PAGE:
Posturodynamic 6 Test: A New Scoring Method for Effective Communication of Results


Background: Posturodynamic 6 (PDN-6) is a clinical assessment of posture that merges the Clinical Posturodynamic Test and the Pelvic Maintain Test. Current scoring system does not fulfill all our needs and requirements mostly because the same numeric score might reflect 28 different possible combinations of postural dysfunction in terms of anatomic region and laterality. Objective: We propose a new scoring method for the PDN-6 that would not change the clinical methods for the PDN-6 assessment. Specifically, new scoring method would clearly indicate specific patterns of postural dysfunction while still enabling statistical analyses. Methods: We developed a new scoring method for the PDN-6 without changing the instrument’s clinical procedures. We qualitatively assessed the validity of the new scoring system to detail specific patterns of postural dysfunction in terms of anatomic region and laterality. Results: New scoring method successfully deals with limitations of the previous scoring method. The new method enables clinicians to differentiate among 2 or more patients who might have very different patterns of postural dysfunction while still having the same numeric score using the previous scoring. The new scoring method provides quantitative data that are easily translated in terms of anatomic region and laterality for the postural dysfunctions that are present. Patient behavioral improvements are quantified, documented and interpreted with a change in score, and the exact nature of the improvements can be determined in terms of anatomic location and laterality. Rash analyses can also be used for statistical analyses. Conclusion: PDN-6 new scoring method provides quantitative data that provide more specific information about a patient’s postural deficits and any changes in their postural dysfunction over time without changing the clinical assessment methods.

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Janin, A. , Barela, J. , Dupui, P. , T. Gross, M. and Janin, M. (2016) Posturodynamic 6 Test: A New Scoring Method for Effective Communication of Results. International Journal of Clinical Medicine, 7, 77-83. doi: 10.4236/ijcm.2016.71006.

Received 8 December 2015; accepted 26 January 2016; published 29 January 2016

1. Introduction

The Posturodynamic 6 (PDN-6) is a novel method of rating posture using 6 assessment items and a simple measurement scale. The purpose of the PDN-6 is to assist in the evaluation of standing posture, but not to replace other more involved clinical assessments of standing posture. The PDN-6 represents a combined modification of two clinical instruments for postural evaluation: the Clinical Posturodynamic Test (CPT) and the Pelvic Maintain Test (PMT). The traditional method for scoring the PDN-6 has several limitations in terms of not being able to identify the anatomic region of dysfunction and the inability to communicate areas of improvement or exacerbation over time. The purpose of our report is to describe these limitations in detail. We also propose a new scoring system for this instrument that will enable the specific identification of postural deficits and will communicate clearly any positive or negative changes in postural function.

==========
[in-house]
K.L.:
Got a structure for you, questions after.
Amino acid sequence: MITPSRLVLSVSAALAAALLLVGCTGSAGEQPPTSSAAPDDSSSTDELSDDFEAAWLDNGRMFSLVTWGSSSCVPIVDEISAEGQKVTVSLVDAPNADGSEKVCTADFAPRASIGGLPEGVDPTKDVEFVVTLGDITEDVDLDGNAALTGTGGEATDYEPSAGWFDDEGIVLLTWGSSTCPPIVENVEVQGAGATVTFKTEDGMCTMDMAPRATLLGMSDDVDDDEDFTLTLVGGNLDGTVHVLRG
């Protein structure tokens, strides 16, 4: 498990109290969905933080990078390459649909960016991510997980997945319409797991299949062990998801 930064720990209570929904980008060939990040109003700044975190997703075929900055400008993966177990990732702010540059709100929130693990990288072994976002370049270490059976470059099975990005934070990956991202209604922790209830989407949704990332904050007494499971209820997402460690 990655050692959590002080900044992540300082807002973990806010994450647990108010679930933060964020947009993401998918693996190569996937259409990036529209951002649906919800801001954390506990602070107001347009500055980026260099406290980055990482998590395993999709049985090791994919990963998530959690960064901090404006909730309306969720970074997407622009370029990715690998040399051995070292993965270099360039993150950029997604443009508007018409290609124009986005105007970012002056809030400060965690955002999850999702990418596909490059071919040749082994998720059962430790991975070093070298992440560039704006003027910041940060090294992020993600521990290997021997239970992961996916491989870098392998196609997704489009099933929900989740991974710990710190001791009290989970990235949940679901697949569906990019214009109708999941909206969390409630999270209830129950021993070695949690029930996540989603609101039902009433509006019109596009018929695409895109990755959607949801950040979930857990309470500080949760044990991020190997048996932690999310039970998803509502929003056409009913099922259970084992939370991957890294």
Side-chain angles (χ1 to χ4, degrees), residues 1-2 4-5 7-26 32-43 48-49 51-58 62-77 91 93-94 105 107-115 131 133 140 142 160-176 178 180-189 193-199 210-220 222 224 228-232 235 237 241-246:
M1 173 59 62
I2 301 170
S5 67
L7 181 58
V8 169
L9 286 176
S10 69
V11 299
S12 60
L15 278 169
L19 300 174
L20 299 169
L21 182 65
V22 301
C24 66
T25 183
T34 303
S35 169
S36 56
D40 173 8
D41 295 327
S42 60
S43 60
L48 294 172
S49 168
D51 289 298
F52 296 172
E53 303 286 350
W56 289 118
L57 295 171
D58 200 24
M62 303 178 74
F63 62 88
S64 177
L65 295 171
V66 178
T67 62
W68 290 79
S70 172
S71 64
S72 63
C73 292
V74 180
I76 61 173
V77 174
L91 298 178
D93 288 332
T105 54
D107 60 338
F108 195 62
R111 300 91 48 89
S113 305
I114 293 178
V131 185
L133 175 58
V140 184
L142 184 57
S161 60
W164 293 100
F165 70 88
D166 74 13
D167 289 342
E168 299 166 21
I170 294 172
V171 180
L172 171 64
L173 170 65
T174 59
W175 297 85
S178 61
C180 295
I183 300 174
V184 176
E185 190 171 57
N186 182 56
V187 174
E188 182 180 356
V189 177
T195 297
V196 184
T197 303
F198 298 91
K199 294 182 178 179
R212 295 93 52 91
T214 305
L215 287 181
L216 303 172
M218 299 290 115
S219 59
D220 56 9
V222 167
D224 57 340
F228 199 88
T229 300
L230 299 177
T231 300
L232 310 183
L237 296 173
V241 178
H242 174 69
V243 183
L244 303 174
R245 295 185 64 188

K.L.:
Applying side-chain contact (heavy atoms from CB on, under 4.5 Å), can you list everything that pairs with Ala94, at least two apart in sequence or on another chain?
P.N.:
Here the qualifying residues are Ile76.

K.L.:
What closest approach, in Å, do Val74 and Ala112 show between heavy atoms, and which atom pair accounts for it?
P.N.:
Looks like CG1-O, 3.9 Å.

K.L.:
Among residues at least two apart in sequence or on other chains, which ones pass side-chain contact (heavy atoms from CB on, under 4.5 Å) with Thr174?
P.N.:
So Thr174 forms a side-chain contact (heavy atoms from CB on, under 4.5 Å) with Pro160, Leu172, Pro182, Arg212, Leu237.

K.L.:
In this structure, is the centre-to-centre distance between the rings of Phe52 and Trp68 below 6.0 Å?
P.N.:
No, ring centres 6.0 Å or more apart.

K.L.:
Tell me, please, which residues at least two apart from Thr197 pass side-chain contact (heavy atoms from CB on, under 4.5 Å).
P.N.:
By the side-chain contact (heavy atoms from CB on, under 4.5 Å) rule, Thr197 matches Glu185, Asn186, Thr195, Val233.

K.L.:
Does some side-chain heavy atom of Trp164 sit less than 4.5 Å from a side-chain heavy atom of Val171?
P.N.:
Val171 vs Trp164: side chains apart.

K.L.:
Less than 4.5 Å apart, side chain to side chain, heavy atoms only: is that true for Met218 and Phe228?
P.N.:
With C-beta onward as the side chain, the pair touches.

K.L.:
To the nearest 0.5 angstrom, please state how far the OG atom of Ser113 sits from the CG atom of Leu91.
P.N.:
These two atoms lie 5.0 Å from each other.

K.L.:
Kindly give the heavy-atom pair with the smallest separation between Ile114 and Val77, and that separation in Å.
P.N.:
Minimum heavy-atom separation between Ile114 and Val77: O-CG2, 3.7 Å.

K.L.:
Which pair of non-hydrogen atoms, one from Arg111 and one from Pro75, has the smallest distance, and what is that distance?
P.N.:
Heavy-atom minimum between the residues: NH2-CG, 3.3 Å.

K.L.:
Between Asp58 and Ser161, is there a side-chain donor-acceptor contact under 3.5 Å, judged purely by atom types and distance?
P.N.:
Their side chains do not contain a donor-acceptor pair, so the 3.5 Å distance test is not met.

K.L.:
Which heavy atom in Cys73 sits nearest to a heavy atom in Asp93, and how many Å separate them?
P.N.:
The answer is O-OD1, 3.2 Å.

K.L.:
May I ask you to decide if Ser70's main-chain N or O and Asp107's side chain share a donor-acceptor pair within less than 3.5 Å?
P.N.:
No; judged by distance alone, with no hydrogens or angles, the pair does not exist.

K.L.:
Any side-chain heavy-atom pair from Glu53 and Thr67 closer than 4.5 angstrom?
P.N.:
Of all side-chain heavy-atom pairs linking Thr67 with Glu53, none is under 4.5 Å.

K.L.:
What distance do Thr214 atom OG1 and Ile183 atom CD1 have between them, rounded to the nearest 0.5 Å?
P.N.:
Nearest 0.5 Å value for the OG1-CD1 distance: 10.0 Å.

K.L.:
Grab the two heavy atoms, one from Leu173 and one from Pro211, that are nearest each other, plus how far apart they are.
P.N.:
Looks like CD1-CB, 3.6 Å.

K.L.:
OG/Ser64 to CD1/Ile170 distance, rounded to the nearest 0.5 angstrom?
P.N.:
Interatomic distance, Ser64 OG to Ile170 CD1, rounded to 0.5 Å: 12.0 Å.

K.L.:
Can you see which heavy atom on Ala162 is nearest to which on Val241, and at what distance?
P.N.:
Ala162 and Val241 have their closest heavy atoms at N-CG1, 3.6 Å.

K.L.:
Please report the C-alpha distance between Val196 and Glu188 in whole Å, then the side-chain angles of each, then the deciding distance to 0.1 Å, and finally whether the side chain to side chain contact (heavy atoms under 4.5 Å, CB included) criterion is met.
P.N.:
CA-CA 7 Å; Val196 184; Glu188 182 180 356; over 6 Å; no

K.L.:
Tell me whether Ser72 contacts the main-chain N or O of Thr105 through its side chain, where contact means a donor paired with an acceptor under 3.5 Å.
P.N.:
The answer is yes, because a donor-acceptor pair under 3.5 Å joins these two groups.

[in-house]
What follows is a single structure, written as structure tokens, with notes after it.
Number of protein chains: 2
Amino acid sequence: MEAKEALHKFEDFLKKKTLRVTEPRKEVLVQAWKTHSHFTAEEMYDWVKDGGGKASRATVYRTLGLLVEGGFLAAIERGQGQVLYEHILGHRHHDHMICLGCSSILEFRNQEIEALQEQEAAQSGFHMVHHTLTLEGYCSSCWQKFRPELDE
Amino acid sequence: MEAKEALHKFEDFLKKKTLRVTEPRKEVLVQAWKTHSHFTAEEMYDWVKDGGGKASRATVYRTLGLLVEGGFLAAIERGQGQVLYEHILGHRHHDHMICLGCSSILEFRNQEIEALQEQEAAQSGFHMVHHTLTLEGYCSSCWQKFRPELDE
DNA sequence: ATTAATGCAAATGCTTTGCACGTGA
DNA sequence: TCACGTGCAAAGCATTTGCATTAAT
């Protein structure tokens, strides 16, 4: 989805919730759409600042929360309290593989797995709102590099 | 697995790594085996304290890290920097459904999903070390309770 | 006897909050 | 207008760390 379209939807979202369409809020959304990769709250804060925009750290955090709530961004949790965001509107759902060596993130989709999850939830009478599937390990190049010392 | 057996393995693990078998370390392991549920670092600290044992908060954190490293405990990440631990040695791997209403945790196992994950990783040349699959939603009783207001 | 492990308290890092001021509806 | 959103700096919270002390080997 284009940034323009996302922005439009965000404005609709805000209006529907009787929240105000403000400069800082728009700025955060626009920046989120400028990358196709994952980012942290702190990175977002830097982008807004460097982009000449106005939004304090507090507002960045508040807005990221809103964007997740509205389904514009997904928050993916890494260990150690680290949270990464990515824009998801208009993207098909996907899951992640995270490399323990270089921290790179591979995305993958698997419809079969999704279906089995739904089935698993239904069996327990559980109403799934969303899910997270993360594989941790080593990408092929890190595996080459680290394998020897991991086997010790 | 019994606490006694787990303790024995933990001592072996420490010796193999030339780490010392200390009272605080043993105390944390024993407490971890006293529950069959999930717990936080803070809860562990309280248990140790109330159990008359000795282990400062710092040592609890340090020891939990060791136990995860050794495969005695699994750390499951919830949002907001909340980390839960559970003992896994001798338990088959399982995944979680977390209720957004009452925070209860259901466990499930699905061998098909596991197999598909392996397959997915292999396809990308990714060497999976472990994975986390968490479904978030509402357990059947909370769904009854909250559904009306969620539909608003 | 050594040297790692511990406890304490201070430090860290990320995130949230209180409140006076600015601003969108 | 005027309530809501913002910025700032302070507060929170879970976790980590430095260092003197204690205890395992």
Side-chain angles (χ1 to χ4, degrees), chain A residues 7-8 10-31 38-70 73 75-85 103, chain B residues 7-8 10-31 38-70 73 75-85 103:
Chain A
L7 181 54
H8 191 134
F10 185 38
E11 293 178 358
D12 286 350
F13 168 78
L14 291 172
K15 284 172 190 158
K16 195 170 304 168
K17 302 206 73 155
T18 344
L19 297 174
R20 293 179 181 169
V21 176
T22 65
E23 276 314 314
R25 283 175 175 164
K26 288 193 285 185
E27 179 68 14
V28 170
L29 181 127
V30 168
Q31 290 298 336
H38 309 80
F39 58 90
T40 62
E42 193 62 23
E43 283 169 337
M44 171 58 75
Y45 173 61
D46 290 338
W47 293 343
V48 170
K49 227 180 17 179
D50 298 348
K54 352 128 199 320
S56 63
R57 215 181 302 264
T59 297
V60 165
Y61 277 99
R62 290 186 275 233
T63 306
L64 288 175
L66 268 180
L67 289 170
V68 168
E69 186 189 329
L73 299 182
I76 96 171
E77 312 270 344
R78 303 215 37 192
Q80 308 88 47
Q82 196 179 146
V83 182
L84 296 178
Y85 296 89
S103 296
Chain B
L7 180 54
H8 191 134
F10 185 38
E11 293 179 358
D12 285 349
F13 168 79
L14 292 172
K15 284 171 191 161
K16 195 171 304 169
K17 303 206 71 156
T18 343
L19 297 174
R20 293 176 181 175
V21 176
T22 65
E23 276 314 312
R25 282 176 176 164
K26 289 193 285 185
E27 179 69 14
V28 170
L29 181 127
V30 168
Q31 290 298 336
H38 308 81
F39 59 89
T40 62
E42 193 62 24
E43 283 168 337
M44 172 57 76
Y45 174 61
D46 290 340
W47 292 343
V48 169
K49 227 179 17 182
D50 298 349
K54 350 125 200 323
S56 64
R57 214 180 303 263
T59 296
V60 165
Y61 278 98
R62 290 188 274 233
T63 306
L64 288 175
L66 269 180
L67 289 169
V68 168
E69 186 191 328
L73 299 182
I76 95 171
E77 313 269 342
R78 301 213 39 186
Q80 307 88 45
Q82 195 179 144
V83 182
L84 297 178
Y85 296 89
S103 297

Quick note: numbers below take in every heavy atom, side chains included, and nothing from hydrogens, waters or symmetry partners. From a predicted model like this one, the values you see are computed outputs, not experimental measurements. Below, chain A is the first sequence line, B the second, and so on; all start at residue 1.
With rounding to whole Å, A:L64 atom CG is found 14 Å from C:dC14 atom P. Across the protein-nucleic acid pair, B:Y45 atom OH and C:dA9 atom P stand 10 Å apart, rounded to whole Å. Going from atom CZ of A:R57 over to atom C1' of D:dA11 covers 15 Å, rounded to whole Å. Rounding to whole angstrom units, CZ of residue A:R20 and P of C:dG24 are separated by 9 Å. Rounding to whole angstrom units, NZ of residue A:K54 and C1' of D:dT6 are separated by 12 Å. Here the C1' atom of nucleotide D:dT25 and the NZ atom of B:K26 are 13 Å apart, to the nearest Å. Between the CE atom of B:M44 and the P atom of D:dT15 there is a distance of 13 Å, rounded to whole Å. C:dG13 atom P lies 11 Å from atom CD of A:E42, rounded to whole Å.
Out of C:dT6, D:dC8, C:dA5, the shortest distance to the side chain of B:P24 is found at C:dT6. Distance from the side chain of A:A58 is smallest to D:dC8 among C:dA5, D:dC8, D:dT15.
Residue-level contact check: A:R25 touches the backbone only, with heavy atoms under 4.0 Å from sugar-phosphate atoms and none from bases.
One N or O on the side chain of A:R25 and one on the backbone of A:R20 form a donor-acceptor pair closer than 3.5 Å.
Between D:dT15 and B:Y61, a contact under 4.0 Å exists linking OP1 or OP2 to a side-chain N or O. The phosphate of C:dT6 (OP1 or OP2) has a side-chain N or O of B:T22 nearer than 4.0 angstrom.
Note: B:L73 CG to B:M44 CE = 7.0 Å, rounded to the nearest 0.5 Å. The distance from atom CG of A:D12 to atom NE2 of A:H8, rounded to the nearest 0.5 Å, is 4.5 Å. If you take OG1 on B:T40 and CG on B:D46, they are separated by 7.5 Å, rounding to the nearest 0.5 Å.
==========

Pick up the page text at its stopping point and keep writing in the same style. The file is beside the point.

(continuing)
2. The CPT and PMT Instruments

The CPT is a clinical test with 4 evaluation items (cervical, thoracic, lumbar, and pelvis) for the right and for the left sides of the body [1] . This instrument assesses the postural response of each spinal section and pelvis during a lateral flexion movement [1] -[3] . The practitioner observes the result of the physiological response of the spine range of motion [4] . The quality of the postural response is quantified through spinal lateral flexion and pelvic translational maneuvers. The practitioner positions their hands successively on the four anatomical regions that are evaluated: cervical spine, thoracic spine, lumbar spine, and pelvic girdle. For the first three anatomic regions, the patient is instructed to laterally flex in the frontal plane: “slowly slide your hand down the side of your leg to the left and then to the right”. The normal physiologic response of the lower thoracic and lumbar regions is characterized by a slowly progressive contra-lateral rotation. Ipsilateral rotation should occur in the cervical region and upper thoracic regions of the spine because of the orientation of the articular facets. When the practitioner induces a lateral movement of the pelvic region to the right or left, the normal physiological response is a slow but progressive contra-lateral rotation (i.e. if the lateral movement induces by practitioner is on the right, the physiological response is pelvic rotation on the left) [1] [2] [4] . Previous research indicates that the CPT, in general, has 80% intra-examiner reliability and that intra-examiner reliability varies depending on the anatomic location [2] [3] . In clinical practice, however, we recommend that CPT measurements be made by the same clinician to improve the reliability of repeated measurements. Observations made during the CPT assessment are reported on a clinical data sheet (Figure 1(a)). If the response of the anatomic region is not a normal physiologic response, the practitioner records an “X” on the clinical data sheet and nothing if the patient’s response is a normal physiological response [1] [2] . With 2 possible observations for each of the 8 assessments, 30 possible combinations of overall performance on the CPT are possible. The CPT is scored numerically by replacing every “X” with the number “1” and then adding all of the recorded 1’s for a total score on the CPT. In the examples given in Figure 1, the CPT score is 0 for Figure 1(a) and the score is 6 for the CPT depicted in Figure 1(b).